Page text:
Value for money or 'creative accounting' - Harrogate Civic Centre row deepens

Building Harrogate Civic Centre may have been the easy part, as the political fall-out deepened this week. We look at all the sides of the argument.

Friday, 27th November 2020, 4:26 pm
Updated Friday, 27th November 2020, 4:30 pm

When Harrogate Borough Council unveiled a new report into the costs of its multi-million pound new civic centre earlier this week it must have hoped the whole controversial question had finally been put to bed.

That’s unlikely.

A new report says the net cost of Harrogate Civic Centre was £6.25 million, which amounts to £2.47 million less than budgeted and represents a “massive saving” to council tax payers.

Even before the report has been put to a meeting of the council’s cabinet next Wednesday, opposition politicians have been quick to dismiss its results.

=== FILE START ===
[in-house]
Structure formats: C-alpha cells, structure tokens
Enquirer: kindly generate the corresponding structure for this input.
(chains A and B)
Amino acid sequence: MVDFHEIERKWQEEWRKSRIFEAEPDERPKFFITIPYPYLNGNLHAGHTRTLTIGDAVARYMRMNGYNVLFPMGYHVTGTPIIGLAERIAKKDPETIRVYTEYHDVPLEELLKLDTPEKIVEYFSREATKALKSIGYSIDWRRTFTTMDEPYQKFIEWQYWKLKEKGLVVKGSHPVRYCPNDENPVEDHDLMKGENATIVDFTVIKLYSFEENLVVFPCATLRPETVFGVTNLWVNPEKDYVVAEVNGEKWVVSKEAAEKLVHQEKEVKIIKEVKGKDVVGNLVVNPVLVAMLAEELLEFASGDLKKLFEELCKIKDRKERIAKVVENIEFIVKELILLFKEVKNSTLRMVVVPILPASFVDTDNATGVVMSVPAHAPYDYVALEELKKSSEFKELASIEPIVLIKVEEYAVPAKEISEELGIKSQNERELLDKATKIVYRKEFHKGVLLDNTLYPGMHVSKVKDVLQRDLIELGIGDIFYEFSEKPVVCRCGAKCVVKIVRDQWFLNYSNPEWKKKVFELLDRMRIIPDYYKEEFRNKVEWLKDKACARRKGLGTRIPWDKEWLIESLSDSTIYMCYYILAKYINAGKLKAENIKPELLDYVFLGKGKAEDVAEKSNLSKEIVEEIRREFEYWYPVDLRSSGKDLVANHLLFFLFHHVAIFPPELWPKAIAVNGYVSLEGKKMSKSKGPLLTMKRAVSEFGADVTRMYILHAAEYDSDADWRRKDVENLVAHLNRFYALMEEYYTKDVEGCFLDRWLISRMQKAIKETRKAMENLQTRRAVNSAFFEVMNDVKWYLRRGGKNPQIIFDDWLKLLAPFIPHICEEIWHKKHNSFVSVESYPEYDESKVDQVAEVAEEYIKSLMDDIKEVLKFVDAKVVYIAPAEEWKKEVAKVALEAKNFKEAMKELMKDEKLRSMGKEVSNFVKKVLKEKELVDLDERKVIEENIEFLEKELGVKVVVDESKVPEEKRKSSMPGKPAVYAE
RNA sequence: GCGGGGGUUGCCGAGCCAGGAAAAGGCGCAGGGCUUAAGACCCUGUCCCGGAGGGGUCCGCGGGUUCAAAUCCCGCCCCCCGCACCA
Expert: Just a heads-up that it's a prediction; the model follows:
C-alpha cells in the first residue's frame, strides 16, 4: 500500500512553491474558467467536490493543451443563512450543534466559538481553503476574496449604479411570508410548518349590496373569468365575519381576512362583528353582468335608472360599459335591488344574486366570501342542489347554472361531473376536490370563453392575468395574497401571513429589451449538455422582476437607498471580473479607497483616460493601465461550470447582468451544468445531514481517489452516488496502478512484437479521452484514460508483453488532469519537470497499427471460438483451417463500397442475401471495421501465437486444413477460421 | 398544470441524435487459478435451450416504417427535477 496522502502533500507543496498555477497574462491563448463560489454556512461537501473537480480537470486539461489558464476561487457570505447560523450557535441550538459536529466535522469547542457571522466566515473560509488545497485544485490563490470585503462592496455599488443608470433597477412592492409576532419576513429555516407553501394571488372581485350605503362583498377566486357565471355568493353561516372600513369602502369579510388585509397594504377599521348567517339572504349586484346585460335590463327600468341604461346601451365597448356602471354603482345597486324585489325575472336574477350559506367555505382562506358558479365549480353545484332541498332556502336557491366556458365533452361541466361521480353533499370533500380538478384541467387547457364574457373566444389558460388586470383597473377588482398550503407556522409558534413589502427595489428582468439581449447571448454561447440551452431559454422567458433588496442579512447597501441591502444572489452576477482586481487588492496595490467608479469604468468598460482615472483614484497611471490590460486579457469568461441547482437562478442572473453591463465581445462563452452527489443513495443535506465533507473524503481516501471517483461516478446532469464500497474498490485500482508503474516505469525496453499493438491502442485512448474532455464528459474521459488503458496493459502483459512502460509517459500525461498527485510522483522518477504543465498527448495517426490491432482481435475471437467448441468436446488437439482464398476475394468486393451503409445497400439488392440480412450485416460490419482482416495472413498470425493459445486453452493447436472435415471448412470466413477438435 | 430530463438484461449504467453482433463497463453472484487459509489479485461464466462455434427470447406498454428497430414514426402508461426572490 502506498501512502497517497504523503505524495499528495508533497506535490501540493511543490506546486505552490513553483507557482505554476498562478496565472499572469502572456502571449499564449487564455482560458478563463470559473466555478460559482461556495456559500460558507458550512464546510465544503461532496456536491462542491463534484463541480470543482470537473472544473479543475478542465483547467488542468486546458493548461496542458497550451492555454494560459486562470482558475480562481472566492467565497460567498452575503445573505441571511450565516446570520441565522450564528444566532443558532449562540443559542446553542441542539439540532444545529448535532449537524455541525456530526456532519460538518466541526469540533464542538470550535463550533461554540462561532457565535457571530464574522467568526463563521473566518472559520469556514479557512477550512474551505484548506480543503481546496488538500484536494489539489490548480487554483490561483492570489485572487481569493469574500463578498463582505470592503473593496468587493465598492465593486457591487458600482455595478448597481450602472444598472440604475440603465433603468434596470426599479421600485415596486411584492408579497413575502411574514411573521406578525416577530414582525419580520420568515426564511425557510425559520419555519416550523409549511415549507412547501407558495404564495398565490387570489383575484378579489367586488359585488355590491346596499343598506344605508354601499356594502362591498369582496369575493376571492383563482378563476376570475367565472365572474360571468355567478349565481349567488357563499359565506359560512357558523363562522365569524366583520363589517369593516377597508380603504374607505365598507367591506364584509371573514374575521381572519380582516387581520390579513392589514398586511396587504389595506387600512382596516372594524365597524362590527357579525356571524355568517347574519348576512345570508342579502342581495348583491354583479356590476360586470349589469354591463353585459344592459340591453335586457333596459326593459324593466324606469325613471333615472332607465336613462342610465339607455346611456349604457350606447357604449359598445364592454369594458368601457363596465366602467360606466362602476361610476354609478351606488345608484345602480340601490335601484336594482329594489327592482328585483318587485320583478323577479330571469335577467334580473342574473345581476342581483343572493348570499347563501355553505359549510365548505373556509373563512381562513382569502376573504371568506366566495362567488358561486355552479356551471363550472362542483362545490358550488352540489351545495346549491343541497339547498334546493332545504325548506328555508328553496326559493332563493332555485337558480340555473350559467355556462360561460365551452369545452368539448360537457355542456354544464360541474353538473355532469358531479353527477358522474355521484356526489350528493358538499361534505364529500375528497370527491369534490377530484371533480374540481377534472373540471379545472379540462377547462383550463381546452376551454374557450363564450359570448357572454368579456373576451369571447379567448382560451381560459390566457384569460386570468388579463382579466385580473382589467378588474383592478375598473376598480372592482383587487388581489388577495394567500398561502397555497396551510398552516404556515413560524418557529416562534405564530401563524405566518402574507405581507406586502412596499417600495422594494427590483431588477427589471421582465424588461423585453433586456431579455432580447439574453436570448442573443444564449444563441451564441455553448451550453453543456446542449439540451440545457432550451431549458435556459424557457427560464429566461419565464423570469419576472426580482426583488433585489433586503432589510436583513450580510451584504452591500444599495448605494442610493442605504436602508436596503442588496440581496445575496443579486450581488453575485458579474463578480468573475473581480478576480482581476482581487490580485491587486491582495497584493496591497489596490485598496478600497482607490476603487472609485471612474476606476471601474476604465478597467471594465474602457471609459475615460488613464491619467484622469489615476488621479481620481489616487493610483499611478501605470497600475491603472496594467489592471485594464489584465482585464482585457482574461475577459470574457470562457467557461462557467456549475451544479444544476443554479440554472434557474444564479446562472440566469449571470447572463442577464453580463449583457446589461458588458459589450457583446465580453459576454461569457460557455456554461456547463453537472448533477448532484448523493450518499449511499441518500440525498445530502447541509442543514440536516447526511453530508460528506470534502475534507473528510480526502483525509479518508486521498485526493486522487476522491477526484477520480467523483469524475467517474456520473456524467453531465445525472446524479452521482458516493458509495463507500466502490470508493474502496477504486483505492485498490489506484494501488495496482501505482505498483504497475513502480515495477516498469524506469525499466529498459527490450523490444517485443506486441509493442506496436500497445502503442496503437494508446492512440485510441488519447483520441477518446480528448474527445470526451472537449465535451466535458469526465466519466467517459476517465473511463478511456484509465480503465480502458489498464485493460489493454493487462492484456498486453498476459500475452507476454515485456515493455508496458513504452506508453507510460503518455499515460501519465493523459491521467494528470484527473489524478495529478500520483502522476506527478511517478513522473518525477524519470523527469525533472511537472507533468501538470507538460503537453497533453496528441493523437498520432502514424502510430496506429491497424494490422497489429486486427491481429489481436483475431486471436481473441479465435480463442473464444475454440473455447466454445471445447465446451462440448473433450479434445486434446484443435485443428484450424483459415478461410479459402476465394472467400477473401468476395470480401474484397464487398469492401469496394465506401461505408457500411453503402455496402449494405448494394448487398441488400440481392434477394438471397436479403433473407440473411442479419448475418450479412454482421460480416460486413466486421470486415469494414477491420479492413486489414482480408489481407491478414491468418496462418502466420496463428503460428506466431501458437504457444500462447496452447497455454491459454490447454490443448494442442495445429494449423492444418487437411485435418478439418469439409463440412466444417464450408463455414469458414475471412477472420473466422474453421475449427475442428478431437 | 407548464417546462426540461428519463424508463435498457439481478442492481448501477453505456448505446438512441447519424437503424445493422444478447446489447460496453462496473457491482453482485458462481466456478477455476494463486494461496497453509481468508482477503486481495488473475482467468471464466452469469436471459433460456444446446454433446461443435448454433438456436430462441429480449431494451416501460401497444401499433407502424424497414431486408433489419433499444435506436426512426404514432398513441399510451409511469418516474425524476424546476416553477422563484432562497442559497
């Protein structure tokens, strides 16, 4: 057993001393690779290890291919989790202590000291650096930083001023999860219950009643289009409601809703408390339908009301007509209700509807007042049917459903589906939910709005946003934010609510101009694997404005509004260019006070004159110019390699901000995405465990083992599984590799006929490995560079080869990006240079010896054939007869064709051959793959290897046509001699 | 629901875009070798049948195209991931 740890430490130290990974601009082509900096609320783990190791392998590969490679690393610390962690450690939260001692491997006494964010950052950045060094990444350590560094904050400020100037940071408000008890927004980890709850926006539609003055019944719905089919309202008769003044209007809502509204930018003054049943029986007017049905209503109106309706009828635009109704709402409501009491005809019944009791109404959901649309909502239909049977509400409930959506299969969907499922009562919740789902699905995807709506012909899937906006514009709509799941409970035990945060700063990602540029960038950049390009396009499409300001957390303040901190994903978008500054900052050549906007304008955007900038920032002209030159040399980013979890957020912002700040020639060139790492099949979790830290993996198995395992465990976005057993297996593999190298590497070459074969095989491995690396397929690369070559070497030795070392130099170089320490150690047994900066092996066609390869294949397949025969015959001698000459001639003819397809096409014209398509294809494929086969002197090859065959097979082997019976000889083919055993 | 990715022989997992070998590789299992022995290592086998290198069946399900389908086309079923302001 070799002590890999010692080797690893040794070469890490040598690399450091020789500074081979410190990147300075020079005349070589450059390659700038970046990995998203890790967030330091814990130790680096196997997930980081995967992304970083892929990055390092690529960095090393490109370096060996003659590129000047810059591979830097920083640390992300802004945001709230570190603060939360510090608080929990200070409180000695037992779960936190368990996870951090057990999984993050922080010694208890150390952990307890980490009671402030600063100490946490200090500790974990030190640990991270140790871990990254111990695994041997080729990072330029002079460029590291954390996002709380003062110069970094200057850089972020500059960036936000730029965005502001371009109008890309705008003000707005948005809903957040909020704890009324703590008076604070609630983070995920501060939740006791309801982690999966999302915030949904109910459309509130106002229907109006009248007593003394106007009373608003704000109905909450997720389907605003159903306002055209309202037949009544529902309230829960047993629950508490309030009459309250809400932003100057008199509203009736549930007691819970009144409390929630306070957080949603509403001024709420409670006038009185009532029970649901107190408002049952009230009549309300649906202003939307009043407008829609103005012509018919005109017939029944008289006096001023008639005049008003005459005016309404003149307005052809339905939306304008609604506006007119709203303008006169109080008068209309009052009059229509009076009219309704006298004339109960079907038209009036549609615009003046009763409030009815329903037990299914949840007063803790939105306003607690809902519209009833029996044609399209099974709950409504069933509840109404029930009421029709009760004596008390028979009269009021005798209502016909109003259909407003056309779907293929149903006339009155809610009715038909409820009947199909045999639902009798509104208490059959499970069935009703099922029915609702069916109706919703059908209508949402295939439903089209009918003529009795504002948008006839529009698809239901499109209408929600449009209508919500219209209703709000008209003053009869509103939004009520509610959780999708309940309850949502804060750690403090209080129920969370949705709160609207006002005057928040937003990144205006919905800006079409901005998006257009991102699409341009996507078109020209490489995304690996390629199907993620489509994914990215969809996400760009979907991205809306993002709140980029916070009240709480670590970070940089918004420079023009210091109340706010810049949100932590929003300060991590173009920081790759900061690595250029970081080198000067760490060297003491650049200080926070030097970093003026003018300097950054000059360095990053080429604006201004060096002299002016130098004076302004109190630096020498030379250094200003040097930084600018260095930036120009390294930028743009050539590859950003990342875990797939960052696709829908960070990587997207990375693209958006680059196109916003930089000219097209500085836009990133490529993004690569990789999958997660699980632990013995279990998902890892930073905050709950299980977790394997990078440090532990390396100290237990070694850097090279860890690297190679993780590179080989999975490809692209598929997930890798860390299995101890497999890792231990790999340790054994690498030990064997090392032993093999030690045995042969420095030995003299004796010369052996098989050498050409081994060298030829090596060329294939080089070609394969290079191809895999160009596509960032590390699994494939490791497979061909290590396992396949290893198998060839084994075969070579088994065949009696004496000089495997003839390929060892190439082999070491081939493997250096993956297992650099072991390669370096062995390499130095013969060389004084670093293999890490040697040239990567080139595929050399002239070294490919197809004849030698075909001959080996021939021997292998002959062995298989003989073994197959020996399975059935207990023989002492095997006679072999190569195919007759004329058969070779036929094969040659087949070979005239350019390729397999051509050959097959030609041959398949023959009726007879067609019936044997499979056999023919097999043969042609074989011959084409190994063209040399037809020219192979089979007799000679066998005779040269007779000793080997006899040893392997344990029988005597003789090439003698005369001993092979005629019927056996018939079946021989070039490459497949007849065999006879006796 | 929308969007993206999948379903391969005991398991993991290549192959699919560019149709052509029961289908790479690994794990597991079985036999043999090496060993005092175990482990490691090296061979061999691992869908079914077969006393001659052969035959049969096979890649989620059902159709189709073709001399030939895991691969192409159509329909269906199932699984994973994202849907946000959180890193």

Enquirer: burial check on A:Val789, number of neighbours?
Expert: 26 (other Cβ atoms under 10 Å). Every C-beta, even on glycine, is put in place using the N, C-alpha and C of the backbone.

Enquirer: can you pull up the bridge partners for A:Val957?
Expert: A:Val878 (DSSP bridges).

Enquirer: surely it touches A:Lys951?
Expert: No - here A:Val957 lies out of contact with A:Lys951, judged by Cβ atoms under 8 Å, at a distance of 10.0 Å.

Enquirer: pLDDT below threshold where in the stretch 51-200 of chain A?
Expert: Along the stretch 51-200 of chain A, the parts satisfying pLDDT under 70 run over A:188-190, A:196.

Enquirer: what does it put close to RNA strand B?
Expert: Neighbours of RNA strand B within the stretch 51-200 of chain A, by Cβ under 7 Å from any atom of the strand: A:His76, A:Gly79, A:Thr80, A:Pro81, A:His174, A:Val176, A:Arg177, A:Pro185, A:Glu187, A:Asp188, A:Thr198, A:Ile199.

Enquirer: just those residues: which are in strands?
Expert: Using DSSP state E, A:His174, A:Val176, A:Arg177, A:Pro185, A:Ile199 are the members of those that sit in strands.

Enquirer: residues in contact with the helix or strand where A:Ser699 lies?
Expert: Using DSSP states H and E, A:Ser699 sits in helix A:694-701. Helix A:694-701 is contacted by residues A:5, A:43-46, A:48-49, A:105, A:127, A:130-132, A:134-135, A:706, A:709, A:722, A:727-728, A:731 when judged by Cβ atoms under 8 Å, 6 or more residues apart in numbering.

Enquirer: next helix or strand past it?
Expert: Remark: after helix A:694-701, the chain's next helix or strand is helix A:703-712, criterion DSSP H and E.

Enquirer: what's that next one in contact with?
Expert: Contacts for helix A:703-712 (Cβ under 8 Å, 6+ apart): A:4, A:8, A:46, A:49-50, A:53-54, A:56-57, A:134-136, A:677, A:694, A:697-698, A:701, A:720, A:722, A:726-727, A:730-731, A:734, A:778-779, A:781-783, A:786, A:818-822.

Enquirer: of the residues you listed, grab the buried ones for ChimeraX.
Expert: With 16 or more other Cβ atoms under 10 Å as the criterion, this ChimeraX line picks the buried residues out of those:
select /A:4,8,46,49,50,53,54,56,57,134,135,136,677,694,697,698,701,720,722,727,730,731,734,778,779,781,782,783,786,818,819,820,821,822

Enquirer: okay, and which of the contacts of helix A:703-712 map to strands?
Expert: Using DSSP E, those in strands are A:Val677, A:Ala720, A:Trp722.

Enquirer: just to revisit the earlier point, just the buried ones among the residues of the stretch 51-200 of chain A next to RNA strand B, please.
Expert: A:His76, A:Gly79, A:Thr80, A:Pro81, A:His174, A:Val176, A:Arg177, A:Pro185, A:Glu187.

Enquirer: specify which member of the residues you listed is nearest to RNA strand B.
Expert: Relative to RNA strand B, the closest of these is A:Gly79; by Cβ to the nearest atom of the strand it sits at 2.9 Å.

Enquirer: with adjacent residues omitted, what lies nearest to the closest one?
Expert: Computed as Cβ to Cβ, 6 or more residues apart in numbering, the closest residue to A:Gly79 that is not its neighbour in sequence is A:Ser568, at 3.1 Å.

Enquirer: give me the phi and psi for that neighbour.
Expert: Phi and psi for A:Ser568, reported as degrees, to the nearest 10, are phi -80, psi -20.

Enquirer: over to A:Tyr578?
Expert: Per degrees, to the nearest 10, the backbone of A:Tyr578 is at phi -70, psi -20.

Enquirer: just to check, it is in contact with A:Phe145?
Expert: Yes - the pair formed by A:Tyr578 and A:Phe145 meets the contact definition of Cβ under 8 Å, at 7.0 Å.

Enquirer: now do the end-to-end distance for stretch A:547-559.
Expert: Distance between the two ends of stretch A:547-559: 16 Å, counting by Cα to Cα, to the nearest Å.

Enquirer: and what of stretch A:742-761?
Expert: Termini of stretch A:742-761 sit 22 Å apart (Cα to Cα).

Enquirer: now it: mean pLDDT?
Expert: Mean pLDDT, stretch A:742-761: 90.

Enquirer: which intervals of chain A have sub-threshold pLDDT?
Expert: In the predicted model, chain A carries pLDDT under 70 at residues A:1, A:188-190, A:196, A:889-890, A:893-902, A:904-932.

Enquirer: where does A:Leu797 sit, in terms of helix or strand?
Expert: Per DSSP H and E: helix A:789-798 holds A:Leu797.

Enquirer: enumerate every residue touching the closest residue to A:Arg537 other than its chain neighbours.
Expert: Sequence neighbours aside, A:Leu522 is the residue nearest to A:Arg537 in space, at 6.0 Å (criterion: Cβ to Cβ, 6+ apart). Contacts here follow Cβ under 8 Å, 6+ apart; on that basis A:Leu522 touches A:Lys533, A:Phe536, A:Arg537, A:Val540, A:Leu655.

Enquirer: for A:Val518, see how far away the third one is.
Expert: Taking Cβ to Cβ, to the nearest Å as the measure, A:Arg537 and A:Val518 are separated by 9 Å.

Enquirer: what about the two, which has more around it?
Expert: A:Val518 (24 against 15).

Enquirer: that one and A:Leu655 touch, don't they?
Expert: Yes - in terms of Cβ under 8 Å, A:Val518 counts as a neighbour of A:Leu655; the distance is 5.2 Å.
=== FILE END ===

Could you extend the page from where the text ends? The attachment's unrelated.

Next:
The report concludes that the total cost of constructing the civic centre from 2015 to 2017 was £11,516,200, just £56,000 more than than the original contract sum for the work and in line with the fixed term contract that Harrogate Borough Council signed originally.

For good measure, once other matters - including the proceeds from the sale of existing council offices including Crescent Gardens, Victoria Park House and Scottsdale House, are taken into account - the report calculates the overall cost of Harrogate Civic Centre has been £2.47 million below budget.

At the end of the day, the report says, the net cost of the project is reduced to £6.25 million, which amounts to £2.47 million less than budgeted and represents a “massive saving” to council tax payers.

In addition to this £2.47m, the report says operating a modern building has enabled the council to make further annual operational savings of almost £1 million, achieved by moving from separate, old, and inefficient offices to the new civic centre.